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Foreign funds eye India as regional outlook blurs
April 04, 2003 18:18 IST
Foreign funds may plough more money into Indian stocks in the next few months, say analysts, as the outlook for Asia's export-driven 'tiger economies' is marred by the war in Iraq and a killer virus that threatens growth.
Money managers say India's huge domestic market, second only to China in the region, puts the country in a better position to ride out the turbulence in global trade.
"We believe India will be among the few stable economies in Asia, less immune to a global slowdown due to the war," said Tan Choon Hoe, a portfolio manager with AIB Govett (Asia) Ltd.
The government has projected India's economy to expand 6.0-6.5 per cent this fiscal year which began on April 1, from an estimated 4.4 per cent in the past year when growth was affected by drought.
Despite being among the world's worst performing stock markets in 2003, offshore funds have pumped in $359 million into Indian shares in the first quarter -- well above the $54.5 million into Thailand, and outflows of $224.7 million from South Korea in January and February.
And the inflows could pick up further as a deadly flu-like virus, known as Severe Acute Respiratory Syndrome or SARS, threatens to hurt consumer spending and economic growth in China, Hong Kong, Singapore and elsewhere in the region.
"If it (the disease) is not contained soon, some money could flow into Indian markets," said London-based Tim Dickson who manages about $200 million in Indian equities for F&C.
Based on the potential impact of SARS, Merrill Lynch has already replaced China with India on its macro country ranking, which measures prospects for total returns measured in dollars.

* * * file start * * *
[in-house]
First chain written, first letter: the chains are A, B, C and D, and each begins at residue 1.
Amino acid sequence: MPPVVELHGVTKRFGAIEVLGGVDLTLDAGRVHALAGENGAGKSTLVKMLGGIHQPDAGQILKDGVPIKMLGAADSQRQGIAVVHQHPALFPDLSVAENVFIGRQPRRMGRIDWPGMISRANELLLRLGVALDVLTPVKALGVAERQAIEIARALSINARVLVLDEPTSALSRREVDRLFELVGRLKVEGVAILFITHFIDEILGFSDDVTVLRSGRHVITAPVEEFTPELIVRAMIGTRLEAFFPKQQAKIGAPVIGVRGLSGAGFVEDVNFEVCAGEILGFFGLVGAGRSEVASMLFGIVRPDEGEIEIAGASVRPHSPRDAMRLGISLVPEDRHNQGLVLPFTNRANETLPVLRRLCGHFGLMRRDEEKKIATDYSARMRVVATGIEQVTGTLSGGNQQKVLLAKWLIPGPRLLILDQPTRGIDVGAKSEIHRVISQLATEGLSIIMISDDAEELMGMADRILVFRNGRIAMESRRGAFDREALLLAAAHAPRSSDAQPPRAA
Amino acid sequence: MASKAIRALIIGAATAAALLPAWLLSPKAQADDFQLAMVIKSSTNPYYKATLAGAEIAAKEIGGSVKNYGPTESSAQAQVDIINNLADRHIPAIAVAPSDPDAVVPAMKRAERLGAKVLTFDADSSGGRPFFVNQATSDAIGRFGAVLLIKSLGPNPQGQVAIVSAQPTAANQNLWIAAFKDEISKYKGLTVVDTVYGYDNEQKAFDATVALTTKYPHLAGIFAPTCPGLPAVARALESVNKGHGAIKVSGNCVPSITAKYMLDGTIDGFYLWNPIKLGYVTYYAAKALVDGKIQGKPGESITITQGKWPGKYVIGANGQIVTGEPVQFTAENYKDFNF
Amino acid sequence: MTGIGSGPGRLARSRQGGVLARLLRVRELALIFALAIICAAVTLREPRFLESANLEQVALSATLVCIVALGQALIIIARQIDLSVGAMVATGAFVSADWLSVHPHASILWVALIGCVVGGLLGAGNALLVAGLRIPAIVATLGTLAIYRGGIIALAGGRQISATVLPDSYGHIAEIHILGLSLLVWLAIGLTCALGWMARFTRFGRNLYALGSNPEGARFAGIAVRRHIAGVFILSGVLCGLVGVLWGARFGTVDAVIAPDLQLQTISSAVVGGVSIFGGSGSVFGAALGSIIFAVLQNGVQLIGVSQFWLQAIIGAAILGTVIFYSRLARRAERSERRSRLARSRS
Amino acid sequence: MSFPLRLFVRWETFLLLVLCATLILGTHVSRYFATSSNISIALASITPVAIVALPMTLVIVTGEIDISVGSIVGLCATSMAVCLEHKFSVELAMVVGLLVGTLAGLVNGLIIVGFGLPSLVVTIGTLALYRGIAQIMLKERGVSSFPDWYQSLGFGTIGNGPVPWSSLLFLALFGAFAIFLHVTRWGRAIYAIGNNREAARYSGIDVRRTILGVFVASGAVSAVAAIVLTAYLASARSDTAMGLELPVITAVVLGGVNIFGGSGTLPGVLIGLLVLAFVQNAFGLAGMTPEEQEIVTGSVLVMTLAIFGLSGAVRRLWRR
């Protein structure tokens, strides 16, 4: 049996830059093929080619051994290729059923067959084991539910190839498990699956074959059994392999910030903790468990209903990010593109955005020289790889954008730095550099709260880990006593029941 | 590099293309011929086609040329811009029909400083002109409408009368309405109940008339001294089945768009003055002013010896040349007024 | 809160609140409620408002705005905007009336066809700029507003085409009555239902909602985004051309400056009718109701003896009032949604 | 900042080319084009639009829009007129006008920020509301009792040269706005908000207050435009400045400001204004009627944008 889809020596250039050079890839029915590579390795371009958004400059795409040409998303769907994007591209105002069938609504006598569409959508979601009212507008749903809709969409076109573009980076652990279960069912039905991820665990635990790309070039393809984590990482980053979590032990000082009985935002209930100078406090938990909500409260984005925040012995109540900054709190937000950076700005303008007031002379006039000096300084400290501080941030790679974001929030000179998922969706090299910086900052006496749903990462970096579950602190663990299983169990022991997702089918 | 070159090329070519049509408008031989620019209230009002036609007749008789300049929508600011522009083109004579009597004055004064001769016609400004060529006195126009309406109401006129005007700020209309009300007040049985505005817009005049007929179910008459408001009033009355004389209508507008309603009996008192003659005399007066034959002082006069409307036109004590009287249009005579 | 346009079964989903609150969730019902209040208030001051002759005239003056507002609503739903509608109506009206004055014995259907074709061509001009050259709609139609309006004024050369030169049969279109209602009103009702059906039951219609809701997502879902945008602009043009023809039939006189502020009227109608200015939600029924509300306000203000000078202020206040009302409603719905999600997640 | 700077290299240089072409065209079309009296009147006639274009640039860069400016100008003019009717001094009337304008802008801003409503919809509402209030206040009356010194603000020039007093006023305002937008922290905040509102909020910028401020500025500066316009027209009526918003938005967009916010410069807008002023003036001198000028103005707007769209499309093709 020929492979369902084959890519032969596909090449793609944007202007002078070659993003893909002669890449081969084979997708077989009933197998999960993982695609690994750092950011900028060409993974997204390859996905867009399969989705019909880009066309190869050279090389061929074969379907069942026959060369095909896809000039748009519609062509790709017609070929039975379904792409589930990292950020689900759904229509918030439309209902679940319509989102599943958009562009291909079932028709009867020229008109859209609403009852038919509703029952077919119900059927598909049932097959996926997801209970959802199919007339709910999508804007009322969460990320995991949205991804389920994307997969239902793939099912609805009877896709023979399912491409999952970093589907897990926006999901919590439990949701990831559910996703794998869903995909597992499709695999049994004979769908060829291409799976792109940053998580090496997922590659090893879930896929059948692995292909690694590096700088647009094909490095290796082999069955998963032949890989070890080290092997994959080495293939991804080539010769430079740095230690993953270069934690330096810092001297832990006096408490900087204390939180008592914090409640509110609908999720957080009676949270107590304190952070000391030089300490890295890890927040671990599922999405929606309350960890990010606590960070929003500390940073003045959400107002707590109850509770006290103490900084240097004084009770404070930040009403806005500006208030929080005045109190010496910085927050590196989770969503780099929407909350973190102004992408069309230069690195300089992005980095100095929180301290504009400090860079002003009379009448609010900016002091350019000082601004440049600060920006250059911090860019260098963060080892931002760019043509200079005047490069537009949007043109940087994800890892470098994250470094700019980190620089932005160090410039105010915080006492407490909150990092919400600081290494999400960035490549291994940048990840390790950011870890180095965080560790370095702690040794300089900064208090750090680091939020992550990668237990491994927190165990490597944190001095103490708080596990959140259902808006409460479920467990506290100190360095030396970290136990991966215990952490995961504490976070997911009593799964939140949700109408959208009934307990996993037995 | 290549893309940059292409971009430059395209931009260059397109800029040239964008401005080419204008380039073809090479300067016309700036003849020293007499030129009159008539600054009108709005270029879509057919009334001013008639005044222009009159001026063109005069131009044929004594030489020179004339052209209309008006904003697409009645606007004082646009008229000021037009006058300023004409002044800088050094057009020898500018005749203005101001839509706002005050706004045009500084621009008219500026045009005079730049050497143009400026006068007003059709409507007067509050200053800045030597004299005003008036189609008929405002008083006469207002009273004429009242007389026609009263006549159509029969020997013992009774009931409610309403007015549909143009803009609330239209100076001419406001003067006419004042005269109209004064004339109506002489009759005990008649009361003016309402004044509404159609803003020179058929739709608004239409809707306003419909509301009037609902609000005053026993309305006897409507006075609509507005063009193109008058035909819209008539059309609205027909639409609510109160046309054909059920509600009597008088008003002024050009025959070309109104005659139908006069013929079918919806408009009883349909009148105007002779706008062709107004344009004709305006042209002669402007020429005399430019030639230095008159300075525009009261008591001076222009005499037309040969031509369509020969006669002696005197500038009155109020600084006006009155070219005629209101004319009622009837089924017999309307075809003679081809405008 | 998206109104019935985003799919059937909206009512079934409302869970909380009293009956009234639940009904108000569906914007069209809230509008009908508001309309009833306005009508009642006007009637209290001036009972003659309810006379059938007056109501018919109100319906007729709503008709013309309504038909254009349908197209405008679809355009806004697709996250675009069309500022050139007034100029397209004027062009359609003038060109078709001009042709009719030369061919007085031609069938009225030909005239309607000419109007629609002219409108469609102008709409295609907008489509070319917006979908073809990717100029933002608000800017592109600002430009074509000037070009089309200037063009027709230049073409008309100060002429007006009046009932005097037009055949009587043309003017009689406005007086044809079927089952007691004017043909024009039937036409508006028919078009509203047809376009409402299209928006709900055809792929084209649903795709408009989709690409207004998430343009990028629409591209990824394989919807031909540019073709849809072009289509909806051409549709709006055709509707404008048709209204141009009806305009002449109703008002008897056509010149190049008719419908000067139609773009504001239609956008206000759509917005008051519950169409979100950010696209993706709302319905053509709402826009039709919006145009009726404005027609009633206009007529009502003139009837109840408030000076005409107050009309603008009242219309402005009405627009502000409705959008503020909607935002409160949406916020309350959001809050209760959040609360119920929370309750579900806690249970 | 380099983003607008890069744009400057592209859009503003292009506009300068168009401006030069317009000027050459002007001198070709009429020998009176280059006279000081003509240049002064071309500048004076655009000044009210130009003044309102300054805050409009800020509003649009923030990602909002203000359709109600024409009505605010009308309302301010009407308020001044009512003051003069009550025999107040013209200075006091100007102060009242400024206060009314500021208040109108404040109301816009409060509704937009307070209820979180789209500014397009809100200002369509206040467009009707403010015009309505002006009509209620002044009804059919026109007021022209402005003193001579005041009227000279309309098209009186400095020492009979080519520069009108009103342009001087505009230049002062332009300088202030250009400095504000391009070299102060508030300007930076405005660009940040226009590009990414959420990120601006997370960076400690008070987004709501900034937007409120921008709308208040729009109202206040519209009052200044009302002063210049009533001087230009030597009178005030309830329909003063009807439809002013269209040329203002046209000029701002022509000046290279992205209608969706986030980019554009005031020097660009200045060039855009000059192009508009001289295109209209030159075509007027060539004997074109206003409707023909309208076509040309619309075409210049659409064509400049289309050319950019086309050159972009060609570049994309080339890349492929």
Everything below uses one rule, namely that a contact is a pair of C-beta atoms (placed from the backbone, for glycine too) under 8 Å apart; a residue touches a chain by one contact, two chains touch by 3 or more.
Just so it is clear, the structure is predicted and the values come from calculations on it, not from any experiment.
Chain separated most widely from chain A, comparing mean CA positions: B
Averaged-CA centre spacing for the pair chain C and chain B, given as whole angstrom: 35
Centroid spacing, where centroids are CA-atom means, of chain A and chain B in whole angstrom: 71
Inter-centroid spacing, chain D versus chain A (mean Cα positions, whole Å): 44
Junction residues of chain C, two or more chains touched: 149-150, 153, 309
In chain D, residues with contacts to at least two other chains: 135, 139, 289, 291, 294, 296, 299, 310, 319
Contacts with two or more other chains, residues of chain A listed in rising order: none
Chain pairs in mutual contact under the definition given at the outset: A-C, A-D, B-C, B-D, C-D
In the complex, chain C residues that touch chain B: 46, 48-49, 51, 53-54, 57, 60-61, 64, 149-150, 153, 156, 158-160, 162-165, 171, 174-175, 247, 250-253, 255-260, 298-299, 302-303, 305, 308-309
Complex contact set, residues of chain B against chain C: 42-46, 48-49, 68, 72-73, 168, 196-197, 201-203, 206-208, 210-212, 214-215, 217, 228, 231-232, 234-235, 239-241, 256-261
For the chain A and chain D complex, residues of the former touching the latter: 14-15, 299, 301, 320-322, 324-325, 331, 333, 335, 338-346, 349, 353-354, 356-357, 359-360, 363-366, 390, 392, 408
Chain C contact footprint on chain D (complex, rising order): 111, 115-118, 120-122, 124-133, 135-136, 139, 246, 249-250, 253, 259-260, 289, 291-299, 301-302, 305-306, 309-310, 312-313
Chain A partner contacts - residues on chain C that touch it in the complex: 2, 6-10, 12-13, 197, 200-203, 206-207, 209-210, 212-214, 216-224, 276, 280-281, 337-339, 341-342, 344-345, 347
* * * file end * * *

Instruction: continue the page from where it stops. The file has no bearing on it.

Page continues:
"Valuation is a key driver," said AIB Govett's Tan Choon, whose fund is currently underweight on Indian equities.
And many analysts say the relative cheapness of Indian stocks during such turbulent times is likely to be a big draw for investors.
The Bombay Stock Exchange's Sensex has lost 6.2 per cent in 2003 and trades at about 14 times 2002 earnings, the lowest in the past five years.
And the dividend yield of 2.21 per cent is the highest in a decade, according to BSE data.
Brokerage DSP Merrill Lynch expects the Sensex to climb to 3,750 by year end - up 18.4 per cent from Friday's close of 3,167.70.
As for stock picks, portfolio managers recommend banking, pharmaceutical and those shares that will benefit from the government's focus on infrastructure projects.
"We are overweight on financials as the home mortgage story continues to be strong," said Singapore-based Devan Kaloo, a fund manager at Aberdeen Asset Management, which oversees about $2.2 billion in the region.
He also liked cement producer Grasim Industries and power equipment maker Asea Brown Boveri.
Tan Choon also gave the thumbs up to the banking sector saying an expected surge in consumer loans would drive profits while a recent law would help banks tackle bad loans.
"We are also bullish on the pharma sector," he added.